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Could I make it as a bodybuilder?

Published date: 23 May 2014 |
Published by: Rhian Waller 
Read more articles by Rhian Waller  Email reporter


 

WHAT does it take to become a title-winning bodybuilder?

Standing next to James Towley, 33, who runs Tricep Academy, and his protege and current Mr Wales title holder Chris Bailey, 26, was a bit like entering the land of the giants.

The duo, who hail from Borras Park and Ruabon respectively, train at Simply Gym in Wrexham.

Mr Bailey is still bursting with delight after taking home the Mr Wales trophy earlier this month, a win both he and his coach are justifiably proud of.

“It started out as two mates working out and having a bit of a laugh,” said Mr Towley.

“Then we started winning competitions and it became a lot more serious.”

Both men have biceps bigger than my skull, cultivated through a strict training regime and careful dieting.

“We’re going to put you through your paces,” grinned Mr Towley.

I do not like gyms. The machines look like torture devices and I don’t want to be judged for not knowing how to use them.

Nor do I want to tear part of myself by accident.

“Don’t worry,” said Mr Towley. “When I started, aged 20, I weighed 10-and-a-half stone soaking wet.

“I started at a gym used by rugby players, so I know how intimidating it can be. Thing is, anyone who is serious about training, like Chris, they won’t be watching a beginner because they’ll be busy doing what they’re doing. Everyone has to start somewhere.”

Mr Bailey, a support worker at a hospital in Whitchurch, heaved a weight-loaded barbell that was probably heavier than me.

“It was fantastic to pick up the trophy,” he said. “I was a personal trainer when I was 16 and I’ve always been interested in bodybuilding.

“But back then I had no bulk at all. I’d flick through these magazines and see the pictures of the guys in them. I knew it was what I wanted to do.”

It took him a while to pluck up the courage to start competing.

He said: “Eventually I got in touch with James, because he competed. It went from there.  

“The first time I went on stage, in 2011, I was shaking with nerves. By the time it ended I wanted to get right back on stage again.”

I was slightly relieved to see Mr Bailey and Mr Towley weren’t distractingly bronze in real life. Spray tan is added before a competition to help delineate the muscles.

Mr Bailey said: “I tend to do the weights on my own. James is there for moral support and to help with the show prep like the spraying, working out a pose routine, that kind of thing.”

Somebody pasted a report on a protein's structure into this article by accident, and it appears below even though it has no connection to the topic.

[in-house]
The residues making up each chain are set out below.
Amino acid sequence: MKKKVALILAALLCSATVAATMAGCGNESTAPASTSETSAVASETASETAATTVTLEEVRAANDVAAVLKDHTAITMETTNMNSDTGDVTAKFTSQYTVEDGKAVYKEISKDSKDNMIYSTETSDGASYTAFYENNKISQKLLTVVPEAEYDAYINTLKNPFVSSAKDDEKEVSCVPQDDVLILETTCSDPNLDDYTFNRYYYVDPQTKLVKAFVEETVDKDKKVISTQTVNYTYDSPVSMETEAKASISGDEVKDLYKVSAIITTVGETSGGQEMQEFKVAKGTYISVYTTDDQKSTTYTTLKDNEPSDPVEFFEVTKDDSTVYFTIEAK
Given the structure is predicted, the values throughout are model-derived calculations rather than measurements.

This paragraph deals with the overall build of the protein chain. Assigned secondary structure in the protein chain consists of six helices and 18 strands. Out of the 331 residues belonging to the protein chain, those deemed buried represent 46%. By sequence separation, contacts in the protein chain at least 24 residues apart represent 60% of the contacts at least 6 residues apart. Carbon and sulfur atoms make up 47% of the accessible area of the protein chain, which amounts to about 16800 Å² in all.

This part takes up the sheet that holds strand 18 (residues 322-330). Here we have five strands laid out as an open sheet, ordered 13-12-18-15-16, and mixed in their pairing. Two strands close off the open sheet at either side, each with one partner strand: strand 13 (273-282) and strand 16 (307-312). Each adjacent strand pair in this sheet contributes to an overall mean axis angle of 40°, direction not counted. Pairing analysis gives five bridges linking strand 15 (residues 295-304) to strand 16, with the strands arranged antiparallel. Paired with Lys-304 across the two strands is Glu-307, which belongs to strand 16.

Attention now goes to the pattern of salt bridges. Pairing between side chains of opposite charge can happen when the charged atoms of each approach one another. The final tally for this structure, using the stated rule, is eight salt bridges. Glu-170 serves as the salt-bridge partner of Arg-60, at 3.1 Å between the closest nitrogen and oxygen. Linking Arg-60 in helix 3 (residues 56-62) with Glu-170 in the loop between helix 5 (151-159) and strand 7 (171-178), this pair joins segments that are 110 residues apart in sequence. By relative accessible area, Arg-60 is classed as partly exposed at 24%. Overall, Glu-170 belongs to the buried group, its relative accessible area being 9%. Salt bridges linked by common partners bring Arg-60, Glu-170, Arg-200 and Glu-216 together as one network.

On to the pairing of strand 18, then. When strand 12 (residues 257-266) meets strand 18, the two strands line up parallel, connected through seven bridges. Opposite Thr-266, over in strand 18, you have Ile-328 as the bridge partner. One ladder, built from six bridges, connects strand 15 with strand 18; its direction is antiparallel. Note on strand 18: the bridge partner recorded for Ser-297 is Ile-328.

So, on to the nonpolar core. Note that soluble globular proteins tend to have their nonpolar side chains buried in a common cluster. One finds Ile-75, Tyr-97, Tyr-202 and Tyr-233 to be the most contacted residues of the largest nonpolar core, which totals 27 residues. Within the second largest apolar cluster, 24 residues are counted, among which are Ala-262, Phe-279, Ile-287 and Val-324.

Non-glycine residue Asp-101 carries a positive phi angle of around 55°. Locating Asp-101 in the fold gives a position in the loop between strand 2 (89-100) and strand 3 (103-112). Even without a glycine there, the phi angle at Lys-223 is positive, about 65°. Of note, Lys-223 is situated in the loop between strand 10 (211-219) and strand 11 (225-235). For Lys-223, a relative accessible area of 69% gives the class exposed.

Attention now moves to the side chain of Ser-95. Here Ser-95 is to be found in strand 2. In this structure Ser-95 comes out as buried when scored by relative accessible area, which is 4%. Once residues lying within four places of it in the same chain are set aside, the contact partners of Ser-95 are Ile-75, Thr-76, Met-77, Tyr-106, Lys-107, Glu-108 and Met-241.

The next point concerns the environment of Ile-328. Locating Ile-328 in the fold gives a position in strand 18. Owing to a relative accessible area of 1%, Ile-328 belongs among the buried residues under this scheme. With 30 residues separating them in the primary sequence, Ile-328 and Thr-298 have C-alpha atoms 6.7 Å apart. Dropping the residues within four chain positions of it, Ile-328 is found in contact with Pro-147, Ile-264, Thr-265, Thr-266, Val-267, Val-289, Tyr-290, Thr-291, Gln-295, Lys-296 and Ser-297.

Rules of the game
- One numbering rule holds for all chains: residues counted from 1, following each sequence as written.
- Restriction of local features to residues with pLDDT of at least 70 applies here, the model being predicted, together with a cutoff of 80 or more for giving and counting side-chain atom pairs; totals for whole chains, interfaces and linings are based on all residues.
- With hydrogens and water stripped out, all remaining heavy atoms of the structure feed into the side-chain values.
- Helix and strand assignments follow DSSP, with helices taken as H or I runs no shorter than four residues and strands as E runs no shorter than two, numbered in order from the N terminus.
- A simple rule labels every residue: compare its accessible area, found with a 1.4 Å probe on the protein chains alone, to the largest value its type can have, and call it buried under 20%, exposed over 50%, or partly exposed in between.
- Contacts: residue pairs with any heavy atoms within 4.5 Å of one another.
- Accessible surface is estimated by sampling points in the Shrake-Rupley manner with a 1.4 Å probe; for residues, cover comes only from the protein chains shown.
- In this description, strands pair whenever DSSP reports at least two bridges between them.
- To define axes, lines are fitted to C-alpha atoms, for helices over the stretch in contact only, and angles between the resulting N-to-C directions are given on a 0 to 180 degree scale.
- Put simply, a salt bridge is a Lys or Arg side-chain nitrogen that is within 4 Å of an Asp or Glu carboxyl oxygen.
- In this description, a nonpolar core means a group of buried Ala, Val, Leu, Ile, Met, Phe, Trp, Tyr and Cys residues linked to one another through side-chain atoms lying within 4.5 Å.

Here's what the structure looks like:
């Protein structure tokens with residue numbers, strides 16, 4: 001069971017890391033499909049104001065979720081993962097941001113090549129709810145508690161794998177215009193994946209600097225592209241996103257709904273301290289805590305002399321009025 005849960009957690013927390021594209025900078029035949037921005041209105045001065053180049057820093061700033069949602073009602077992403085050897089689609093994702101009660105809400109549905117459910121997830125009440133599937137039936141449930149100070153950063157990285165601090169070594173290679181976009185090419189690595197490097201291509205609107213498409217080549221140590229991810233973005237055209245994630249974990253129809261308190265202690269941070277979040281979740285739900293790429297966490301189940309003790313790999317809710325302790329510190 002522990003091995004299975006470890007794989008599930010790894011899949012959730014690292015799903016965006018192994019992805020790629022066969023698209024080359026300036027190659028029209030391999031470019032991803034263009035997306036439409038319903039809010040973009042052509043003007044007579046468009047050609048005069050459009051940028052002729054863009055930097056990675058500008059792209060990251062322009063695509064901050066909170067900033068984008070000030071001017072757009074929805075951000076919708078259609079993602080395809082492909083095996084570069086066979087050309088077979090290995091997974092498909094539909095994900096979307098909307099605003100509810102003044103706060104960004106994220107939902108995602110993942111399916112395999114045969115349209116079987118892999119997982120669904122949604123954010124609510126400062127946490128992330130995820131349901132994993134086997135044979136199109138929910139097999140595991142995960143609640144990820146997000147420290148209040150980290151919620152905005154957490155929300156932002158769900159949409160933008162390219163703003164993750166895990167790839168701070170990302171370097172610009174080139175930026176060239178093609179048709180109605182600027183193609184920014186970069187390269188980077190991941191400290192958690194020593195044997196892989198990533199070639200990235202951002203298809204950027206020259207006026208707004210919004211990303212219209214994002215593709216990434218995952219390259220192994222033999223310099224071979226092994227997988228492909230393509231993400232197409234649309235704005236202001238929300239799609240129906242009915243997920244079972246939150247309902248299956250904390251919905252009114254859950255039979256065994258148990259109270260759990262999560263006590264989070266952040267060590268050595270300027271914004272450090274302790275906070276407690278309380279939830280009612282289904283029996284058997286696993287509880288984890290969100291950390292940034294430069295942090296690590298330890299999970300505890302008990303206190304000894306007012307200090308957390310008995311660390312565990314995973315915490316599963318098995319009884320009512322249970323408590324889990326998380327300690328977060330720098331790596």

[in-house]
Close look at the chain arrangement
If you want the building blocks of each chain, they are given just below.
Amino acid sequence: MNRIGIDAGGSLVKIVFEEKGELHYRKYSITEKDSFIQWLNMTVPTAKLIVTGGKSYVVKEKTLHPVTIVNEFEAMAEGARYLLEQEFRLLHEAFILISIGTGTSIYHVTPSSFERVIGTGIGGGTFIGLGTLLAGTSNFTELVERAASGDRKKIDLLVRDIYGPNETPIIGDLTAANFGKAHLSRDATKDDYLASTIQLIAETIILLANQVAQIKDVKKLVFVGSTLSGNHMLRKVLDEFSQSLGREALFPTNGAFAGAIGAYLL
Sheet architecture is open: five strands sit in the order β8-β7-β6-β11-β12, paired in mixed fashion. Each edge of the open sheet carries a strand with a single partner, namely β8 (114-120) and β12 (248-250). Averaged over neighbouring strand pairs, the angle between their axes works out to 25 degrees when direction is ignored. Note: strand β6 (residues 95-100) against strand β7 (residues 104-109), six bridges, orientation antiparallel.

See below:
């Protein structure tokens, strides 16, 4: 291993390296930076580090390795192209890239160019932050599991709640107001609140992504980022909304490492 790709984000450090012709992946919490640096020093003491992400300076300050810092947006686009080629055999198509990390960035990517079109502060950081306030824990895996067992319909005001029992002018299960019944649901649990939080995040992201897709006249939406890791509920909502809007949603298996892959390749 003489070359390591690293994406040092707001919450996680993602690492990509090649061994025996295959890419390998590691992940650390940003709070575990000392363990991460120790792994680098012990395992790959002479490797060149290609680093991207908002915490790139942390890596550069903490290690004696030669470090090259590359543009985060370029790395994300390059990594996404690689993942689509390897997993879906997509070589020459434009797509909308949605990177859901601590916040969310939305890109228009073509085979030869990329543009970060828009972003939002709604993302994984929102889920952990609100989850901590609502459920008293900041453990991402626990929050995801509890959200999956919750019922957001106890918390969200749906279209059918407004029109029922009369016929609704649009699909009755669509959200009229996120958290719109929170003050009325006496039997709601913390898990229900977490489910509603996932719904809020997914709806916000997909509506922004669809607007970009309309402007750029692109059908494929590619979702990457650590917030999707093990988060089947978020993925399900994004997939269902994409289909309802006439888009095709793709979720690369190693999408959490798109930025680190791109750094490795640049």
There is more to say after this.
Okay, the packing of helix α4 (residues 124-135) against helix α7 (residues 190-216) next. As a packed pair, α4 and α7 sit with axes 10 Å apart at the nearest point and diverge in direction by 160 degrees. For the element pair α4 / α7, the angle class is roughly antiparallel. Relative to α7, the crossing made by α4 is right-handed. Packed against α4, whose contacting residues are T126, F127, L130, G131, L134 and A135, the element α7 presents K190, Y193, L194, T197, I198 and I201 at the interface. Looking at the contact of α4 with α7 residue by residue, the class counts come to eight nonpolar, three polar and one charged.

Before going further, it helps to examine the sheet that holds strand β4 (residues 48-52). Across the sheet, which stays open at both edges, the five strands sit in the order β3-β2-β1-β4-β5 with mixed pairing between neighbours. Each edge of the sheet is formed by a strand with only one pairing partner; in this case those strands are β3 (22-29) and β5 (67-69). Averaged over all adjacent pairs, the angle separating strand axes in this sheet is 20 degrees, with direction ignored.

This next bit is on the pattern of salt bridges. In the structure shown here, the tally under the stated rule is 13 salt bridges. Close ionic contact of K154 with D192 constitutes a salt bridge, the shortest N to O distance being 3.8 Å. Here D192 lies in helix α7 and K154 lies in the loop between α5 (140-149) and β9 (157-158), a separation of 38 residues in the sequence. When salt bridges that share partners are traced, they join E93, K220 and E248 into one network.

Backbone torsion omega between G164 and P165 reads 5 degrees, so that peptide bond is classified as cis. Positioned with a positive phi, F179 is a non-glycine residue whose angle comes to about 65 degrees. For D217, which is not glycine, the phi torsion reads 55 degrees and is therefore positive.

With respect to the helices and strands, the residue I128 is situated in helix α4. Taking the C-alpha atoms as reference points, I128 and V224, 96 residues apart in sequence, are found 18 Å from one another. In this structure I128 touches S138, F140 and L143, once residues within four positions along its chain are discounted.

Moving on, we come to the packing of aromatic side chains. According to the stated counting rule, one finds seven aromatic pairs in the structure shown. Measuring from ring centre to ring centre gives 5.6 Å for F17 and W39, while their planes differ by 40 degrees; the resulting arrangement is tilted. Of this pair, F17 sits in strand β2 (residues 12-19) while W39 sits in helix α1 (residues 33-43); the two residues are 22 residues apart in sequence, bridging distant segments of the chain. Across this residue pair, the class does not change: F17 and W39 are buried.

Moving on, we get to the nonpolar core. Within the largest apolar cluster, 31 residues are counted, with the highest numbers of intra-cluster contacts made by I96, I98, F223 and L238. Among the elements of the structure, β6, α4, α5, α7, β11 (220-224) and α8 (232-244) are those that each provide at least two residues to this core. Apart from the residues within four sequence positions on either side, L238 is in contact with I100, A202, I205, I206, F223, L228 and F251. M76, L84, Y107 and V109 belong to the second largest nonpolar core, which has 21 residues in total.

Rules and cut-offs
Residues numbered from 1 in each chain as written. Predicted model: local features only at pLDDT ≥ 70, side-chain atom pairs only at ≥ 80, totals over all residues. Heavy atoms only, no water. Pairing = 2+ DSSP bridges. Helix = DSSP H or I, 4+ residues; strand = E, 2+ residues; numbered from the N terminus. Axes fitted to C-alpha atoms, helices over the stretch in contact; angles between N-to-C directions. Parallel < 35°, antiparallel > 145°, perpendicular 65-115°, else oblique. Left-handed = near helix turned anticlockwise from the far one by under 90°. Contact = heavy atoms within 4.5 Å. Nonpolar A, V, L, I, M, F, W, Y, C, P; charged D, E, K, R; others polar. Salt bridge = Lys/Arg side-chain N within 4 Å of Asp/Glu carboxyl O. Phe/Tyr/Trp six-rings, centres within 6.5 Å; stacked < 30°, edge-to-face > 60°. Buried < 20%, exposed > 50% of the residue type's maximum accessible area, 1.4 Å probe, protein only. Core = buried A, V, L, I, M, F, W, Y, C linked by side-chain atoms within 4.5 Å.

I was introduced to an unweighted barbell and invited to try bench pressing. The bar weighed 20 kilos, a tiny fraction of what Mr Bailey routinely lifts.

Mr Towley ‘spotted’ for me, keeping the bar straight. Twenty kilos seemed easy. 

Things got a bit trickier when they added another 10, and I found my left arm was weaker than my right.

I imagined bodybuilders spend half their life in the gym, but Mr Bailey fits his regime around the rest of his life. He said: “I train on a five day programme. On the first day I’ll concentrate on my chest and back with four compound exercises (these work several muscle groups).”

On the second day I alternate my chest and shoulders. On the third day I work on my biceps with isolated exercises. On the fourth day I work on my triceps and on the fifth I’ll work on one of two different sets of leg muscles. Then it goes back to the first day again.”

In all, Mr Bailey will spend about eight hours a week on weights, which, when you consider the average person watches 28 hours of TV a week, doesn’t seem all that impossible.

He also mixes in low impact cardio to keep his weight down, and eats a carefully maintained diet.

Mr Towley said: “That’s where Chris does well. He’s very disciplined.

“He weighs out his food when he's training – although he can afford to eat a bit more when he’s bulking up – and he does all the right things.”

Neither men is intimidating, even if they are physically imposing.

Mr Towley said: “Wrexham actually has a really high number of gym users and some of them will be bodybuilders, both men and women.

“As a personal trainer, Chris has had a lot of experience training women, too.”

Mr Towley said: “There’s this idea bodybuilding is all full of macho men, that it’s aggressive and confrontational. We don’t like to work like that.

“We try to be a bit more friendly.”

So friendly, in fact, Mr Towley had a special Tricep Academy top commissioned for me – a ladies' medium to contrast with his extra-extra large. To earn it, he had the new Mr Wales coach me through the use of several machines, including a leg press, which simulates a squat.

My legs are obviously more developed than my arms. I was soon squatting 80kg without much sweat.

The chest press was a bit more of an effort, but it no longer posed much of a challenge to Mr Bailey.

“It allows you to lift about 100kg,” he said. “Basically, it’s a safe way of working the same muscles as when you’re bench-pressing, because you don’t need anyone to spot you.

“But I’m lifting quite a lot more than 100kg now, so I’ve outgrown the machine.”

I couldn’t say the same.

However you look at it, Mr Bailey’s capturing the Mr Wales title, both in his class and overall, is an achievement.

“He smashed it,” grinned Mr Towley.  “Now we’re looking to the future, and we’re seriously considering Chris going professional as a bodybuilder.

"He dominated at the competition and he's put Wrexham on the map. And hey, you can tell people you worked out with Mr Wales.”

For more news from across the region visit newsnorthwales.co.uk

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